Holocaust survivor speaks about telling her story
Holocaust survivor Celina Karp Biniaz, who was the youngest person on Schindler’s List, tells of opening up about her experiences during Sunday’s event at Temple Sinai.
Jesus Jara State of the Schools address
Clark County School District Superintendent Jesus Jara delivers his State of the Schools address on Friday, Jan. 11, 2019. (Amelia Pak-Harvey/Las Vegas Review-Journal)
Michael Naft sworn in to Clark County Commission
Michael Naft, chosen by Gov. Steve Sisolak to be his replacement on the Clark County Commission, was sworn into office on Wednesday, Jan. 9, 2019. (Shea Johnson/Las Vegas Review-Journal)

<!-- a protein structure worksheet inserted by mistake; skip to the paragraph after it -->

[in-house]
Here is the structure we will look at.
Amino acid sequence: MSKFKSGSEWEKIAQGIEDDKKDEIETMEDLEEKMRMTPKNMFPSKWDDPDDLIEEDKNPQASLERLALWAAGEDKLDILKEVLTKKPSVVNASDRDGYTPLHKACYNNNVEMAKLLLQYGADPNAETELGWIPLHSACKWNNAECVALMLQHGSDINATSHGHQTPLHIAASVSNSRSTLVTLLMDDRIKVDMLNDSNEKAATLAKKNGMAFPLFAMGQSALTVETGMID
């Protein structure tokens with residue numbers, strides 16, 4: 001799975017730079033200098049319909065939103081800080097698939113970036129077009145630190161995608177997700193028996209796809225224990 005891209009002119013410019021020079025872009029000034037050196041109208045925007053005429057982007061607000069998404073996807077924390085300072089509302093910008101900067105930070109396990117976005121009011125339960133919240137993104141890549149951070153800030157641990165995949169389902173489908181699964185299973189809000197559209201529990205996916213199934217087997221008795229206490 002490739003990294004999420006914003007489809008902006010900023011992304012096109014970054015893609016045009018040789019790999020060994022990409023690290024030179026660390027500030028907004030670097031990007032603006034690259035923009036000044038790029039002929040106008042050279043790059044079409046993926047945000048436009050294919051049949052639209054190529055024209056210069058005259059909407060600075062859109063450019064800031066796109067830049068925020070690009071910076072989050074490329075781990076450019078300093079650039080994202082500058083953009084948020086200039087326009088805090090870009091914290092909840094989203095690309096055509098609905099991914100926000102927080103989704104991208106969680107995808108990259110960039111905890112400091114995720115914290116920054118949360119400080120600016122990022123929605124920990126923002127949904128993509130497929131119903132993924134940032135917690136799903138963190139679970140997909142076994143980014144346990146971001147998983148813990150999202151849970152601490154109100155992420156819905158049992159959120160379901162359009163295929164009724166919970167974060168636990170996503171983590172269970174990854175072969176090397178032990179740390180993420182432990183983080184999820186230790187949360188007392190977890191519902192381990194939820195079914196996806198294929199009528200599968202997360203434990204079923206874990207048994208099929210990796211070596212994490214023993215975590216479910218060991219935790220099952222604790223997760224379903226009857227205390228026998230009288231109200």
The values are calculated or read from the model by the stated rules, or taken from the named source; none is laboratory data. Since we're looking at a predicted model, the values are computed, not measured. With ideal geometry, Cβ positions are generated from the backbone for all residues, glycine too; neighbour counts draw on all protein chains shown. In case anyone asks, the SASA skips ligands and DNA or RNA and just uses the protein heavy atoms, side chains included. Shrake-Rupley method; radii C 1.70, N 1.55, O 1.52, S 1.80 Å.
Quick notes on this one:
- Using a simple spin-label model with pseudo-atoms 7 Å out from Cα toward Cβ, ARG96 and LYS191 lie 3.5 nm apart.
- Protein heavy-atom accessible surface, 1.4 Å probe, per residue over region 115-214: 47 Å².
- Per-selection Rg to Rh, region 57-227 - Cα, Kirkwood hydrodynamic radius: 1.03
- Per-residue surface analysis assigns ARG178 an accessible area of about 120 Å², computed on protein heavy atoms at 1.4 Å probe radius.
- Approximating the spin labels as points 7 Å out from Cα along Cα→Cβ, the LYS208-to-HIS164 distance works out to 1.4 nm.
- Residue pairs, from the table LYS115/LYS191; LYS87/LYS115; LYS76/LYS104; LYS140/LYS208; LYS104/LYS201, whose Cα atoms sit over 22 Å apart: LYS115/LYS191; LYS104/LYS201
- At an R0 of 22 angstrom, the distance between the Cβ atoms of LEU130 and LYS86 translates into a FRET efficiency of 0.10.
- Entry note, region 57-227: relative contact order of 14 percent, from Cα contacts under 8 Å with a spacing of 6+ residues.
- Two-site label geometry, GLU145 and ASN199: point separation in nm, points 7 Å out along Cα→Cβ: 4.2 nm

CES Opening Party in Omnia Nightclub at Caesars Palace
CES conventioneers packed Omnia Nightclub at Caesars Palace, and let loose as they danced to DJs into the night. (K.M. Cannon/Las Vegas Review-Journal) @KMCannonPhoto
Las Vegas police piecing together details of fatal shooting
Six hours after the fact, Las Vegas homicide detectives worked to reconstruct the scene of a shooting early Jan. 7 that left one man dead in the southeast valley. (Rio Lacanlale/Las Vegas Review-Journal)
Dyer Lawrence explains college football playoff system proposal
Las Vegan Dyer Lawrence has a new idea for a college football playoff system that includes a unique scheduling component called National Call Out Day. (Ron Kantowski/Las Vegas Review-Journal)
Death row inmate Scott Dozier found dead in his cell